Search results - Adaptation - From Page to Screen
|Dates||Thu 17 Jan to Thu 28 Mar 2013|
Time of meeting: 7.00-9.00pm
Number of meetings: 10
|Subject area(s)||Film Studies|
|Application status||Course ended|
|Course contact||If you have any questions about this course, please email firstname.lastname@example.org.|
OverviewThis course will explore the way different texts have been adapted from page to screen. We will look at a variety of original sources, from classic novels and plays to more recent texts like graphic novels and science fiction.
DescriptionThe process of adaptation from one form of media into another is a fascinating one. Classic plays and novels, such as Hamlet or Dracula have been adapted and reinterpreted countless times and each adaptation seeks to find something new to say about the original text. Film makers face a wide range of problems when adapting a text - how can you adapt a short story into a full-length film? How does a film maker approach a new film adaptation when the author of the source text is still alive and wants to be involved? Is a film ever able to express the full imaginative potential of a book? Through the course we will explore these and other issues, referring to a wide range of original texts and the films that have emerged as adaptations of them.
Programme detailsWeek 1: The Classic novel - adaptations of Les Liaisons Dangereuses: Dangerous Liaisons, Valmont and Cruel Intentions.
Week 2: Adapting Sci-Fi - filming the novels of PK Dick. Blade Runner, Total Recall and A Scanner Darkly.
Week 3: Stage to Screen - adapting the plays War Horse and Who's Afraid of Virginia Woolf.
Week 4: Classic Horror - Versions of Mary Shelley's Frankenstein and Bram Stoker's Dracula on screen.
Week 5: The Comic book or Graphic Novel - adaptations of Superman, Batman and V for Vendetta.
Week 6: Shakespeare - The many filmed versions of Hamlet and Romeo & Juliet.
Week 7: Fairy Tales in film - Snow White, The Red Shoes, Little Red Riding Hood.
Week 8: Adaptations of Alice - We will look at Alice as an example of a character who exists beyond her original text. We will look at Alice in films, from Jan Svankmajer to Tim Burton and everything in between.
Week 9: Extending a short story to a full-length film - Brokeback Mountain and Stand By Me.
Week 10: Blockbuster book to film - filming The Golden Compass and the relationship between a living author and the film maker adapting his original text. Philip Pullman will be joining us for this class.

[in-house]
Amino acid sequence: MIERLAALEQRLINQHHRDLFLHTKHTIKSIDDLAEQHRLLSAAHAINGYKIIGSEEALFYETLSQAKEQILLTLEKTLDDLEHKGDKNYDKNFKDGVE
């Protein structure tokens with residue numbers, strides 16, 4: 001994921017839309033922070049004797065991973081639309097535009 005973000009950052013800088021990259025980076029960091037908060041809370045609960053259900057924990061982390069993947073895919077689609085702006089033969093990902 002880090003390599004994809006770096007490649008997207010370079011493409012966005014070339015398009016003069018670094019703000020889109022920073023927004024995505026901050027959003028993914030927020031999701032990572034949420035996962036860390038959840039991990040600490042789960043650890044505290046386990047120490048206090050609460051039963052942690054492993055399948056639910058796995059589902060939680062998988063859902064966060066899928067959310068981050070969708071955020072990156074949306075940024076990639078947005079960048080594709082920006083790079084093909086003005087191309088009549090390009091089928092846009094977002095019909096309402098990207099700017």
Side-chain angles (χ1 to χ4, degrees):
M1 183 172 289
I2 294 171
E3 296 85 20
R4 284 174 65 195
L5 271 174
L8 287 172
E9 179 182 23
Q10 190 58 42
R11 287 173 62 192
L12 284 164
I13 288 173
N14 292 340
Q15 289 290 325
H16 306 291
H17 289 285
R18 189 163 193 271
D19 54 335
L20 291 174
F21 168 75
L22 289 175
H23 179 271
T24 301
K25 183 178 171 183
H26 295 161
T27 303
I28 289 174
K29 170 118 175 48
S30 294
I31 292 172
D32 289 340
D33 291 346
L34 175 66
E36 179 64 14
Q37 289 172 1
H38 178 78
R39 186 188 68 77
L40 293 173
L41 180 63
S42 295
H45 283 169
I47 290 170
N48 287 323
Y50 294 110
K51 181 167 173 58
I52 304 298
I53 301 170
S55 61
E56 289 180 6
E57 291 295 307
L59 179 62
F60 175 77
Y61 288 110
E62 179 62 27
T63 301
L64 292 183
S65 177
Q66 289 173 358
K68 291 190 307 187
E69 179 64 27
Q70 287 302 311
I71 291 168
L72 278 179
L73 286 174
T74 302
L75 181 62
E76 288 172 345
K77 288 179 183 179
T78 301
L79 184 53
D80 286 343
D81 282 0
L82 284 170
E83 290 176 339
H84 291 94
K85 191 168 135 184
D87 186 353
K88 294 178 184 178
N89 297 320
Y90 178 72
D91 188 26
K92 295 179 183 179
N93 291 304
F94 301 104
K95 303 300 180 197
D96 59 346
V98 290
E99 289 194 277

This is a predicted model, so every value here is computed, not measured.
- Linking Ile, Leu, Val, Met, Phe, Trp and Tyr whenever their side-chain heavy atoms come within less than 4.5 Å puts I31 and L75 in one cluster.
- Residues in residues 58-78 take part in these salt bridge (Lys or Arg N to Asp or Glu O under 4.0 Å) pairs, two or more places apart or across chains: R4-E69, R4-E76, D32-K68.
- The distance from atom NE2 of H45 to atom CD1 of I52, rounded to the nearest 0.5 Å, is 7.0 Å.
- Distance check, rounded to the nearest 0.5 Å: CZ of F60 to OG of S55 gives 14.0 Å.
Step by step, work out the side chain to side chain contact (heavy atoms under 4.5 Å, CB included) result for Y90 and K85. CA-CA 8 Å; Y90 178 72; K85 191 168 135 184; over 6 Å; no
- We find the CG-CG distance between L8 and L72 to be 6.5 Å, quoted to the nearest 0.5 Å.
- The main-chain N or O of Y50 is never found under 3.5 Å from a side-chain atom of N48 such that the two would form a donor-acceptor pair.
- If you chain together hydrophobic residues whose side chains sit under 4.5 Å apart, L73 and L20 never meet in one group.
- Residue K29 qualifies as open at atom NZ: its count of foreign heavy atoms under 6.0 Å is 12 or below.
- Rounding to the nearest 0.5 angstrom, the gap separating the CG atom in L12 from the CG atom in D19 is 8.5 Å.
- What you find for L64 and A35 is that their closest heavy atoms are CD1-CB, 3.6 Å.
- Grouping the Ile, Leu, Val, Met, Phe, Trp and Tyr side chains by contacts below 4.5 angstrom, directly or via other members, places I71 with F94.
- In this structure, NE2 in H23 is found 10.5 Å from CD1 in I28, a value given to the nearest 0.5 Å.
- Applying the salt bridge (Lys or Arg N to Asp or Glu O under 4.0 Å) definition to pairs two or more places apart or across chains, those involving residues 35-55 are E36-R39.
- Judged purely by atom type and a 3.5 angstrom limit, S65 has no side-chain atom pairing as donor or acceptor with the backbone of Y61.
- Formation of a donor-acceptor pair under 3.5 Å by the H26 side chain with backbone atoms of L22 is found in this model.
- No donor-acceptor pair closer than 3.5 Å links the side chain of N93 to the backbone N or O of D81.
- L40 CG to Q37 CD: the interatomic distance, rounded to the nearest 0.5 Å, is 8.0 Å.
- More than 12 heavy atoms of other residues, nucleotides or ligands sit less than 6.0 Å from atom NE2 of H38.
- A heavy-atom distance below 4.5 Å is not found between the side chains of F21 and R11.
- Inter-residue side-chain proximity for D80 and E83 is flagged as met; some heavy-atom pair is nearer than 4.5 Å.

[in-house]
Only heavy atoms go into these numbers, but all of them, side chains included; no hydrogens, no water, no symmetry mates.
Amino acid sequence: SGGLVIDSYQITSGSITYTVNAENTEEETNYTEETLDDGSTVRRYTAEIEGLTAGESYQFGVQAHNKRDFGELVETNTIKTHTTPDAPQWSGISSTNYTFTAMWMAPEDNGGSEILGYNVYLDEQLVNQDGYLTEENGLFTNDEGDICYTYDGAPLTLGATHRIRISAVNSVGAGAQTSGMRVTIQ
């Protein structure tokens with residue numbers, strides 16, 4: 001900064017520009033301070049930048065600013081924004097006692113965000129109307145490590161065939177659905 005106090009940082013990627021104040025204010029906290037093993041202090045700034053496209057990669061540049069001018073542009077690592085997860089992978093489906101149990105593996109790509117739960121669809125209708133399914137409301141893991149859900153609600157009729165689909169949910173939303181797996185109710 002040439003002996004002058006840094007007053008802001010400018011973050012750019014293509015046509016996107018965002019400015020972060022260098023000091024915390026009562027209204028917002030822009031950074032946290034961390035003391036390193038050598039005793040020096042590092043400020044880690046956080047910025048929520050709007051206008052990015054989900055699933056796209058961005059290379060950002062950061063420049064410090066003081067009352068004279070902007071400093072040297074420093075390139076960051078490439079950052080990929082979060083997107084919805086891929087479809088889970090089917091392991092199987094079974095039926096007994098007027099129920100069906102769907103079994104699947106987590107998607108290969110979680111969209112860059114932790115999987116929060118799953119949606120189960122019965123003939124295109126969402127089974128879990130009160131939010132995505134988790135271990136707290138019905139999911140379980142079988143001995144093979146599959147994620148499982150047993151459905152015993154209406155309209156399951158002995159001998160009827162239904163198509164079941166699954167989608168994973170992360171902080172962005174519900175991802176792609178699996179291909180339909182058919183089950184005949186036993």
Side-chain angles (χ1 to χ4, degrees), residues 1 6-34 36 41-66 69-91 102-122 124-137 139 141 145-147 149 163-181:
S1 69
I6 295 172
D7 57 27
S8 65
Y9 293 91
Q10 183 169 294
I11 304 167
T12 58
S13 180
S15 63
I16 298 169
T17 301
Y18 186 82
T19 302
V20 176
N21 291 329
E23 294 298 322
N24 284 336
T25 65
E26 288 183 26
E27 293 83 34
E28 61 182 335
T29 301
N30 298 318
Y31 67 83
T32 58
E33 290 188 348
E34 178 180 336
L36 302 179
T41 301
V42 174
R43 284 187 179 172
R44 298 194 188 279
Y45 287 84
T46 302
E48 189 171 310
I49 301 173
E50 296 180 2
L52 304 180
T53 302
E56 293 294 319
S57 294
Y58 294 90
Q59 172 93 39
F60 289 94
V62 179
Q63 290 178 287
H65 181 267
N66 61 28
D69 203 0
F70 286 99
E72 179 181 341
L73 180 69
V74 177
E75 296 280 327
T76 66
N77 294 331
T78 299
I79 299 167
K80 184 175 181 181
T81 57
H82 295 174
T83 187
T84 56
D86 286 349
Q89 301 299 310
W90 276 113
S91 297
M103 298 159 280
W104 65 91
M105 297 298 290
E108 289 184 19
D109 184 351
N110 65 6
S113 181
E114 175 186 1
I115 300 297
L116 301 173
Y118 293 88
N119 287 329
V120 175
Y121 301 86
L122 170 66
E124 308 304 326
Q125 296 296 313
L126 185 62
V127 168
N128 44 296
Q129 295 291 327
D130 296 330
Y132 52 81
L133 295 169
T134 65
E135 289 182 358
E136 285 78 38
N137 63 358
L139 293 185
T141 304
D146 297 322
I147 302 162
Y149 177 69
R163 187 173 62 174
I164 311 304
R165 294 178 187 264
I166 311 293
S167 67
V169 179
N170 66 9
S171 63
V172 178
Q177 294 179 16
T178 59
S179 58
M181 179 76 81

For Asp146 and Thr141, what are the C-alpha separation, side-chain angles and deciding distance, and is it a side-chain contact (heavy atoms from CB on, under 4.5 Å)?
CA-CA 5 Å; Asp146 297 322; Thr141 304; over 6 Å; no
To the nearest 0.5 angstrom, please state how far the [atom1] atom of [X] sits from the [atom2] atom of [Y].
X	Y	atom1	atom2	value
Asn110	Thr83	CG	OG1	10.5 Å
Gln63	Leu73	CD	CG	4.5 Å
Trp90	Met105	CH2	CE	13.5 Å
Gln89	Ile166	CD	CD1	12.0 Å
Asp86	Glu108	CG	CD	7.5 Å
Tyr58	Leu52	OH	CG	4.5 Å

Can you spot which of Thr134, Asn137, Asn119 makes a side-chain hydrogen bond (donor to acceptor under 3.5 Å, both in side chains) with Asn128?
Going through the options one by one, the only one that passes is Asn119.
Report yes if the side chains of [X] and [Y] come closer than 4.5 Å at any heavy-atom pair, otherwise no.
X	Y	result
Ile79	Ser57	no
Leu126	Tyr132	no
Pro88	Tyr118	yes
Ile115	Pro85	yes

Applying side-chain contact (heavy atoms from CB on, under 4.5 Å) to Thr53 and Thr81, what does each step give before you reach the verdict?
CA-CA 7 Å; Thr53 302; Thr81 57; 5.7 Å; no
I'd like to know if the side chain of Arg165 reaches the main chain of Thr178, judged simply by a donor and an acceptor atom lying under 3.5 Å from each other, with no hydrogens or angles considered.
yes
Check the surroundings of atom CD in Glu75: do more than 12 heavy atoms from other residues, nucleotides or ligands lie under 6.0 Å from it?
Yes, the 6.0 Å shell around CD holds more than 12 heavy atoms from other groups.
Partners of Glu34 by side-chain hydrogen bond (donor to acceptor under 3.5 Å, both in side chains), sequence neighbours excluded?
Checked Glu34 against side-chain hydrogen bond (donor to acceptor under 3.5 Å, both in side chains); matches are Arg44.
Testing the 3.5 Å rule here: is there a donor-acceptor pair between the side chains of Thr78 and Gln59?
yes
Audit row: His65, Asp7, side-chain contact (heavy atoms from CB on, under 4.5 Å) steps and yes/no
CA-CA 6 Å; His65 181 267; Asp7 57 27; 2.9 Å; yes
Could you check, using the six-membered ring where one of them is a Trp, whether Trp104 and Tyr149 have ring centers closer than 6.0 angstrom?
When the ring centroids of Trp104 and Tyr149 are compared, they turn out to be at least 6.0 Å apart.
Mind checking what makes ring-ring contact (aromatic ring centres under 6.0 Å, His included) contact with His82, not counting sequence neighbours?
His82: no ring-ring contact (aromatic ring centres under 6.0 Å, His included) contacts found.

Monaco, How to read a film
Prince, Movies and Meaning - an Introduction to film
McCabe, Warner, Murray, True to the spirit : film adaptation and the question of fidelity
Cartmell, Hunter, Kaye, Whelehan, Classics in film and fiction
Desmond & Hawkes, Adaptation : studying film and literature
Corrigan, Film and literature : an introduction and reader
Henderson, A concise companion to Shakespeare on screen
Mrs Kiri Walden
Kiri Walden has been involved in film production on both sides of the camera, and as a freelance journalist has written for a variety of magazines....more
Course aimsCourse Aims:
This course will take an interdisciplinary approach to study 'adaptation' from both the English Literature and Film Studies angles. We will study the process by which a written text is adapted into a film, and drawing on film theory, genre studies and auteur criticism we will explore the production of films and introduce students to a wider understanding of academic film criticism and analysis.
1. To give students an overview of the process by which a written text is adapted into a film
2. To introduce students to academic methods of film and literature analysis
3. To enable students to understand films within the social and cultural context in which they were made.
Assessment methodsInformal assessment of learning will take place through an ongoing evaluation of each student's contributions to class discussions. Students will be also be encouraged to take part in group work in class. Formal assessment will consist of written assignments to do at home. The students may choose whether to do two short pieces of work (500 words each) or a single 1,000-word essay.
Teaching methodsEach class will include short presentations which may make use of PowerPoint, film clips, sound excerpts and hand outs. These will introduce the students to a topic before moving on to class discussions and smaller group activities that will encourage the students to engage in class discourse and develop and express their own opinions in an academic context.
Teaching outcomesBy the end of the Course students will be expected to:
Identify how and why a single text can inspire vastly different film adaptations.
Recognise common problems faces by film makers when adapting a text into a film.
Discuss an individual adaptation in the wider context of the genre to which it belongs, and the contemporary society which it reflects.
- Programme Fee
- Home/EU fee: £165.00
- Non-EU fee: £165.00